Canada Canada is a country in North America. Its ten provinces and three territories extend from the Atlantic Ocean to the Pacific Ocean and northward into the Arctic Ocean, covering over , making it the world's second-largest country by tot ...
,
Hong Kong Hong Kong ( (US) or (UK); , ), officially the Hong Kong Special Administrative Region of the People's Republic of China (abbr. Hong Kong SAR or HKSAR), is a city and special administrative region of China on the eastern Pearl River Delta i ...
, the
Republic of Ireland Ireland ( ga, √Čire ), also known as the Republic of Ireland (), is a country in north-western Europe consisting of 26 of the 32 counties of the island of Ireland. The capital and largest city is Dublin, on the eastern side of the island. ...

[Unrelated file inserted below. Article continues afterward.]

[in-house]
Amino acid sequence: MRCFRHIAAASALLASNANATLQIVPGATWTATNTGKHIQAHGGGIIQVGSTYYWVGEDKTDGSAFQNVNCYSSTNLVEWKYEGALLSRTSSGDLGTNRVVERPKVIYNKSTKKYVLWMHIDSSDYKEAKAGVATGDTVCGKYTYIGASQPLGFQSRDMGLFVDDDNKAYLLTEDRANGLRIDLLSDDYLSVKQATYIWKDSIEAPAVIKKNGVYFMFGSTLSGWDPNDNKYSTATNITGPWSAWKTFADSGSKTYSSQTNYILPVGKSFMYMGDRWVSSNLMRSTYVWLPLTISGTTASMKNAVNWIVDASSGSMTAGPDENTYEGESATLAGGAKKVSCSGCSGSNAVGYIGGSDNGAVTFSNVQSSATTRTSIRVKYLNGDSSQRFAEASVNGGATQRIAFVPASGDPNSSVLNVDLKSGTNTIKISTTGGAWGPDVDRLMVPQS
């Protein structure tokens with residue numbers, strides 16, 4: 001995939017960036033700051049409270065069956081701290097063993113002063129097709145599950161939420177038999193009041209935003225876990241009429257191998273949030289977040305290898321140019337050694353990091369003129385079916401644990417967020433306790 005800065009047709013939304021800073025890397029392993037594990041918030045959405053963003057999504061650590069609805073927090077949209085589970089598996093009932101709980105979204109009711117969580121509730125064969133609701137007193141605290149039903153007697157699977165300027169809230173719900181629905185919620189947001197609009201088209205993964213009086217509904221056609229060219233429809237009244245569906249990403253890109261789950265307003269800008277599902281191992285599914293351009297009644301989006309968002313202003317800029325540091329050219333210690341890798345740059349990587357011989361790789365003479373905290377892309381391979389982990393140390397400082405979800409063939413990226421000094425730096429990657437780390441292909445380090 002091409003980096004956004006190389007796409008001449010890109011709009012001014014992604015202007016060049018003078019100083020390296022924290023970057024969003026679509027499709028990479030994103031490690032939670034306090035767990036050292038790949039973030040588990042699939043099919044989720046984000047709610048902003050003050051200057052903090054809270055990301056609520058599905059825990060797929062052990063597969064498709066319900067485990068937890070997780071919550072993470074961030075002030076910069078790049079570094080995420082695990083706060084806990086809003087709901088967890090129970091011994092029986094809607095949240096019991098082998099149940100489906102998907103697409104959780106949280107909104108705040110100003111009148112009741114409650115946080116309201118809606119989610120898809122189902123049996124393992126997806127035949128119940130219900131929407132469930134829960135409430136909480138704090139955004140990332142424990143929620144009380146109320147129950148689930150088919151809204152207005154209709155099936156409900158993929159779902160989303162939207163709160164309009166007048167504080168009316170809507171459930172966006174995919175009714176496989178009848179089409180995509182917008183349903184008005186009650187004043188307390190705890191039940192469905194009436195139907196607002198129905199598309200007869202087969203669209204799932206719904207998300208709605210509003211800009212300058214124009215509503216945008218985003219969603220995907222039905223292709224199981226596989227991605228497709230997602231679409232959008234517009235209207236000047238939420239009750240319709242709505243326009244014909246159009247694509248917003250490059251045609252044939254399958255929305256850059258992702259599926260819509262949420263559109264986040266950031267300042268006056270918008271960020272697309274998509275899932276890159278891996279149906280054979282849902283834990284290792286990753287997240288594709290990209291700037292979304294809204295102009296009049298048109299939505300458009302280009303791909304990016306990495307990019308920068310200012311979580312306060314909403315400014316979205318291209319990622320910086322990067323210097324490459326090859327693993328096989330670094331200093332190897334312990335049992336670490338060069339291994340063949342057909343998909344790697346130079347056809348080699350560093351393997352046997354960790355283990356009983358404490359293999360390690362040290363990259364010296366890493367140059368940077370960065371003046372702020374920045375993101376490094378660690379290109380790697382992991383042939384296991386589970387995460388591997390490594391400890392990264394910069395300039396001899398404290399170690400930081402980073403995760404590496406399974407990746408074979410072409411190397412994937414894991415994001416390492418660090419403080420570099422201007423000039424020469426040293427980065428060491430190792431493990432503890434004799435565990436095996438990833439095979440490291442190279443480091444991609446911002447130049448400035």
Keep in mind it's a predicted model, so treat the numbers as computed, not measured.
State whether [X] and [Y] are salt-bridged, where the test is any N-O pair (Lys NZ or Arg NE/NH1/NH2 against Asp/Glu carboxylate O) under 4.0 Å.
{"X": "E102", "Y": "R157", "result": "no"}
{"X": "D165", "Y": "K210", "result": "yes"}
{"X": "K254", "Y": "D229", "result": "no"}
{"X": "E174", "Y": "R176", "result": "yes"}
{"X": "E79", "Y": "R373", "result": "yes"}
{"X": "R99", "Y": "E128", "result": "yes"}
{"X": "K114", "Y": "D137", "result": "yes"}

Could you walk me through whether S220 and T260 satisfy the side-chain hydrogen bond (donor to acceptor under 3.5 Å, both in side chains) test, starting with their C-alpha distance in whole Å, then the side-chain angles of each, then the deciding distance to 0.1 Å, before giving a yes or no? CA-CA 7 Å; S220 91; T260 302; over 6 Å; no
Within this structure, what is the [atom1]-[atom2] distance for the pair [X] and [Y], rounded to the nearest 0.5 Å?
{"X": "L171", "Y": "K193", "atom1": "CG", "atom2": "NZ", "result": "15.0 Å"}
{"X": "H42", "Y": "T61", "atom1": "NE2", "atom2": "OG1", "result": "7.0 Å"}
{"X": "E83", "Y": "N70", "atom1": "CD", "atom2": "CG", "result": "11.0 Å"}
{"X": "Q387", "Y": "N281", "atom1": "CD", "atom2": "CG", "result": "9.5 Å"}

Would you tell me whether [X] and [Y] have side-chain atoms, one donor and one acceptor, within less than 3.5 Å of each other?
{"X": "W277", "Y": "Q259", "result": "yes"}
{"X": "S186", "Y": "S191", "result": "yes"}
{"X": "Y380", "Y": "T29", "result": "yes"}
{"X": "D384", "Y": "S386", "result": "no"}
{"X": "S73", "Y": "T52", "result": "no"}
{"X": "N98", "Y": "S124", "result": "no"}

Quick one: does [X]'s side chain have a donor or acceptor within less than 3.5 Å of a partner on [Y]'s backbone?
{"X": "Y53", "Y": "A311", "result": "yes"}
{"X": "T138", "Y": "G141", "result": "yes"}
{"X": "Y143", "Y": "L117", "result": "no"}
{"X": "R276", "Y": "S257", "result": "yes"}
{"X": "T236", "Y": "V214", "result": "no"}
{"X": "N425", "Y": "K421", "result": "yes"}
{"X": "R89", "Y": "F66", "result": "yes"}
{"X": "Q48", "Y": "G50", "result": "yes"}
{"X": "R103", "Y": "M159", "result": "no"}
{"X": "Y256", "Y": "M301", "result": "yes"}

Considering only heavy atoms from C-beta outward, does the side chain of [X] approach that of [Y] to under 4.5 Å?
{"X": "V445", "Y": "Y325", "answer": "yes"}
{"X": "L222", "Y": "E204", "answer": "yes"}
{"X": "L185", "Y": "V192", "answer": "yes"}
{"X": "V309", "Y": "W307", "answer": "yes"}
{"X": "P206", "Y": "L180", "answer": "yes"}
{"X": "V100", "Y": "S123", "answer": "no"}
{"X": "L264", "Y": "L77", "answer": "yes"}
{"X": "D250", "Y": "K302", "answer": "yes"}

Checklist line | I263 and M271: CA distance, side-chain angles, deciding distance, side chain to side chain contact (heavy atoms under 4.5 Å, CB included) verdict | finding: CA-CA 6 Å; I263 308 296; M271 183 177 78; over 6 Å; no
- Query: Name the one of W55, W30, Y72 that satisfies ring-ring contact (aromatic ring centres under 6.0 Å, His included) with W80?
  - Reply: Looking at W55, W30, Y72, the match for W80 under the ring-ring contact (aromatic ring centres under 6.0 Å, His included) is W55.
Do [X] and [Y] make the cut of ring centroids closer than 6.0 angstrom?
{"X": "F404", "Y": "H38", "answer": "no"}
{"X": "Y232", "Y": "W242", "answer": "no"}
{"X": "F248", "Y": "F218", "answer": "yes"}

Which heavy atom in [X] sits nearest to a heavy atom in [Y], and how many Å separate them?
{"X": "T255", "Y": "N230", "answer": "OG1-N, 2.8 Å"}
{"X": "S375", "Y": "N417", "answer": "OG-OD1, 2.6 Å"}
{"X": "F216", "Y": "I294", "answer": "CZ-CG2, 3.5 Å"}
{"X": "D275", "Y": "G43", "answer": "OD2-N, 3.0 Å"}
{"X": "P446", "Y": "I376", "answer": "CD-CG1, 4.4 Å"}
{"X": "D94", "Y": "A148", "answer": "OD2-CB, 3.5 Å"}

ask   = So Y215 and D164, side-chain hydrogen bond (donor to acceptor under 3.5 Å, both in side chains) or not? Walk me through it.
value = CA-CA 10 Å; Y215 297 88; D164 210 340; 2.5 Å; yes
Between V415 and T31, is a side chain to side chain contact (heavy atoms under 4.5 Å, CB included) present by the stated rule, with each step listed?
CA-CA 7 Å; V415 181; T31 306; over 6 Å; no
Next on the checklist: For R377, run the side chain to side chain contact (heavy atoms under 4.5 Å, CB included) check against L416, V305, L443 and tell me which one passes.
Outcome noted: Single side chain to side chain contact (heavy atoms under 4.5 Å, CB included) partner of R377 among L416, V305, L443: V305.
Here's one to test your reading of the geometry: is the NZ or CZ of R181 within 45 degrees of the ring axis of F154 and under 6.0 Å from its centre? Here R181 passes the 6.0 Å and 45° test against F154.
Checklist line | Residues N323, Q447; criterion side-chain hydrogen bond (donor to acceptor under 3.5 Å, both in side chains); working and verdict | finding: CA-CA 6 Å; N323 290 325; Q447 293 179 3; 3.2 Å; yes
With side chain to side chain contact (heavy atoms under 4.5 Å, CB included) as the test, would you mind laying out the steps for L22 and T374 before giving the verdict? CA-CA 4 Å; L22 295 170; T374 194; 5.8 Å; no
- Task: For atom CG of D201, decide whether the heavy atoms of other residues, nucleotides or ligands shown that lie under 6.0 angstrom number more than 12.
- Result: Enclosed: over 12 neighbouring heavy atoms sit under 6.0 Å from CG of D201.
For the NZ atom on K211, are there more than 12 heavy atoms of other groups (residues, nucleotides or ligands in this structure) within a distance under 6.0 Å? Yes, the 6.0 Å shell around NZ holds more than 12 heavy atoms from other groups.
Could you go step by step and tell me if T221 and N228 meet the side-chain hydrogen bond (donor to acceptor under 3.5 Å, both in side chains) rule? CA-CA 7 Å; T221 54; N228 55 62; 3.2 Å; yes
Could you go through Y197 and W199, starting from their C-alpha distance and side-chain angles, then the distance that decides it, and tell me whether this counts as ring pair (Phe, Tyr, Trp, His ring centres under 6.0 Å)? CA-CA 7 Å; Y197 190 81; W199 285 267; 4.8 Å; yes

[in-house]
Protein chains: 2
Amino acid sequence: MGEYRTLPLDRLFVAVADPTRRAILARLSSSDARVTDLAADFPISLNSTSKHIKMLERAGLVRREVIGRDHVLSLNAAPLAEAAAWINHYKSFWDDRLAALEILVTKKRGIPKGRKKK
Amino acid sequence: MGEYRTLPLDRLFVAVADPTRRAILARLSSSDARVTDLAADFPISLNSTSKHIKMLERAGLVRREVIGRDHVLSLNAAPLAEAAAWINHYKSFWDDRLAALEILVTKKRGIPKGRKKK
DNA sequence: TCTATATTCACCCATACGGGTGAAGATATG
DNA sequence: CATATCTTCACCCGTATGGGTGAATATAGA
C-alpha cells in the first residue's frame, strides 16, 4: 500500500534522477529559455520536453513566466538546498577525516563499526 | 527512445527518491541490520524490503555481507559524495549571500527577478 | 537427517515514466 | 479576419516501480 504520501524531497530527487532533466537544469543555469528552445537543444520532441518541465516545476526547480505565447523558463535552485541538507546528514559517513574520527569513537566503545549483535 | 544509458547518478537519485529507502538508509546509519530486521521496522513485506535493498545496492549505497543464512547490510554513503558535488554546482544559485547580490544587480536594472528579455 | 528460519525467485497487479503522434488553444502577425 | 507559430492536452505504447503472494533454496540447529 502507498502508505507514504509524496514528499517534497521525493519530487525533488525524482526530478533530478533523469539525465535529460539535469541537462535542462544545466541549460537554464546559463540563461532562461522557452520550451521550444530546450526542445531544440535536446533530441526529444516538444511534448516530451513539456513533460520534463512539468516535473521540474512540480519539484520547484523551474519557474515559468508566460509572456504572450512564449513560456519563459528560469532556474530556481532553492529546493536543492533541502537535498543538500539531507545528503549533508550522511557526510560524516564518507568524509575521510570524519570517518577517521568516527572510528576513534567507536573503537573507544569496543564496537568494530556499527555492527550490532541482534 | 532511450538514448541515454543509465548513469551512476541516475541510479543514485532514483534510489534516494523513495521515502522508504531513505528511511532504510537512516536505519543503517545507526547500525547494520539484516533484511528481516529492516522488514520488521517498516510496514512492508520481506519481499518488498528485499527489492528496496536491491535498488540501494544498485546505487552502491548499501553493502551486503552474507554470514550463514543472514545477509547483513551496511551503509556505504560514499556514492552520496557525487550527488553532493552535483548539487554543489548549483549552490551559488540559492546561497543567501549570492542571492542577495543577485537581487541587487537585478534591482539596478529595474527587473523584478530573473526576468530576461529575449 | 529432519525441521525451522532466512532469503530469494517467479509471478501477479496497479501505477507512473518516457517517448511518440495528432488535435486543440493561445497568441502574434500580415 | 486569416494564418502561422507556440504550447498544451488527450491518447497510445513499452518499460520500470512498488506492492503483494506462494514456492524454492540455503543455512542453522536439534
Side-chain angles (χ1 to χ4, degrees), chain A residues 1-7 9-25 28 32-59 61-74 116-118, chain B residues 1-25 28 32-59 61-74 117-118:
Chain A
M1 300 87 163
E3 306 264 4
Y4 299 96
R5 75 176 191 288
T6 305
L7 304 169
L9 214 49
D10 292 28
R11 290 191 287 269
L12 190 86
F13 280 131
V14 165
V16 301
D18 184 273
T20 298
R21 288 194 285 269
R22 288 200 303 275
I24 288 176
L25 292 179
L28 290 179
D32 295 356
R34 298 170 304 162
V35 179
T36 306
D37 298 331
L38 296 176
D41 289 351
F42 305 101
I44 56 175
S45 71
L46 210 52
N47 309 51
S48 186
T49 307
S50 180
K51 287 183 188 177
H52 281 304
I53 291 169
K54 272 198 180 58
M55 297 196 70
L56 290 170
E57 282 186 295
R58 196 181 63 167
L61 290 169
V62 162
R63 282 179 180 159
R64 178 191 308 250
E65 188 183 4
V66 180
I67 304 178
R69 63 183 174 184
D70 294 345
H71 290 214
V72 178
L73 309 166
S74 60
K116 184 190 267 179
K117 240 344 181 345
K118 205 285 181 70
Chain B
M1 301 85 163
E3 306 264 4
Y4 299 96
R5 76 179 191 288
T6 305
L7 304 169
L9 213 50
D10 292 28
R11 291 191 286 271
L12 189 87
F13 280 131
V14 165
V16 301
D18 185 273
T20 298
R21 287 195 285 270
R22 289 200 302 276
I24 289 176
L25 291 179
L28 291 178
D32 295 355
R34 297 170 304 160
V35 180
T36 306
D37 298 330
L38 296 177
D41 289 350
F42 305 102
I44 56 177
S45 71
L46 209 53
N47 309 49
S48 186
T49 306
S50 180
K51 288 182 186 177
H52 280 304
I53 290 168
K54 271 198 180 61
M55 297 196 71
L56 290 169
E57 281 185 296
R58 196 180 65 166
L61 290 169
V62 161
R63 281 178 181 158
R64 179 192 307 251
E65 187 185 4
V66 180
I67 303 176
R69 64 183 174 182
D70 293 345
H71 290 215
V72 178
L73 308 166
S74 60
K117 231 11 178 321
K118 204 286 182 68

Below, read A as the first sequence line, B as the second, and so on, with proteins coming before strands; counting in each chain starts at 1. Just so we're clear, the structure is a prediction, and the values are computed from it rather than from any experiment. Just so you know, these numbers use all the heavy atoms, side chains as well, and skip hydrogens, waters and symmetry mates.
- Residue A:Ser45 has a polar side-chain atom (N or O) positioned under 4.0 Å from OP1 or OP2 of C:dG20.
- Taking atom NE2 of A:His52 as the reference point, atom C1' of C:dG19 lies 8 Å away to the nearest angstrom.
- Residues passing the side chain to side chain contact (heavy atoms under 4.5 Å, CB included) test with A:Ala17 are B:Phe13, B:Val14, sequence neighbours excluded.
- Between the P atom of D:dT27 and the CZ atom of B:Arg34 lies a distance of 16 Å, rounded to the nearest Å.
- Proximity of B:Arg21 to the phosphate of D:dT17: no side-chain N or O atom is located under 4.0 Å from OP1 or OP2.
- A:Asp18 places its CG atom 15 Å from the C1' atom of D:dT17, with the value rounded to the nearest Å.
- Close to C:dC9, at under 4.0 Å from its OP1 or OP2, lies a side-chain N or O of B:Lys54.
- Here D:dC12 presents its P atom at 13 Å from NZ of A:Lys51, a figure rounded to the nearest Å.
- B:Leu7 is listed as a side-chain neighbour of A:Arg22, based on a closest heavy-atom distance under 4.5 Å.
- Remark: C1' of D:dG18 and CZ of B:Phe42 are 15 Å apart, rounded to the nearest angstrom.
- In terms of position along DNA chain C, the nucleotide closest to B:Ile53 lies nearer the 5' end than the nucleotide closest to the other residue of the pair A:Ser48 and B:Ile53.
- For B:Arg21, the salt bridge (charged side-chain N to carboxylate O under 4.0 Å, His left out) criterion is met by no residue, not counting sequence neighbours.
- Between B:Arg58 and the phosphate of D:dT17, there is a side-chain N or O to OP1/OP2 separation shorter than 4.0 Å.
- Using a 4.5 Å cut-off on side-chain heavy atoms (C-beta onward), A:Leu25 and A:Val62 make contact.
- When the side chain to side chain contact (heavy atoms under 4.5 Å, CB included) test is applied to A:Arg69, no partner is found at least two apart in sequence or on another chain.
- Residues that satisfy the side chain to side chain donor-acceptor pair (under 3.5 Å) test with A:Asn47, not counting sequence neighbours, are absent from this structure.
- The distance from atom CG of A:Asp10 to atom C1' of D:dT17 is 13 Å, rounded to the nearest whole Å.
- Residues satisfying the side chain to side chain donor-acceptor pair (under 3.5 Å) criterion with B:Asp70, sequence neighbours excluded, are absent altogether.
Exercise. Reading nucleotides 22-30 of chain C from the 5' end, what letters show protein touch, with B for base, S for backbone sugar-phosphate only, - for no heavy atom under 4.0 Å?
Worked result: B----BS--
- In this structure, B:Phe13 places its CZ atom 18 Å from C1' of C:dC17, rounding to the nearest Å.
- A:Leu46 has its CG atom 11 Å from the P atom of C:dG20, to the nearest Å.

,
Scotland Scotland (, ) is a Countries of the United Kingdom, country that is part of the United Kingdom. Covering the northern third of the island of Great Britain, mainland Scotland has a Anglo-Scottish border, border with England to the southeast ...
, and the
United States The United States of America (U.S.A. or USA), commonly known as the United States (U.S. or US) or America, is a country primarily located in North America. It consists of 50 states, a federal district, five major unincorporated territorie ...
. Recognizances were frequently used by courts of quarter sessions, for example they make up more than 70% of surviving records for the
Bedfordshire Bedfordshire (; abbreviated Beds) is a ceremonial county in the East of England. The county has been administered by three unitary authorities, Borough of Bedford, Central Bedfordshire and Borough of Luton, since Bedfordshire County Council w ...
Quarter Sessions records.


Bail

A recognizance is a form of bail, in which an accused is released from
pre-trial detention Remand, also known as pre-trial detention, preventive detention, or provisional detention, is the process of detaining a person until their trial after they have been arrested and charged with an offence. A person who is on remand is held i ...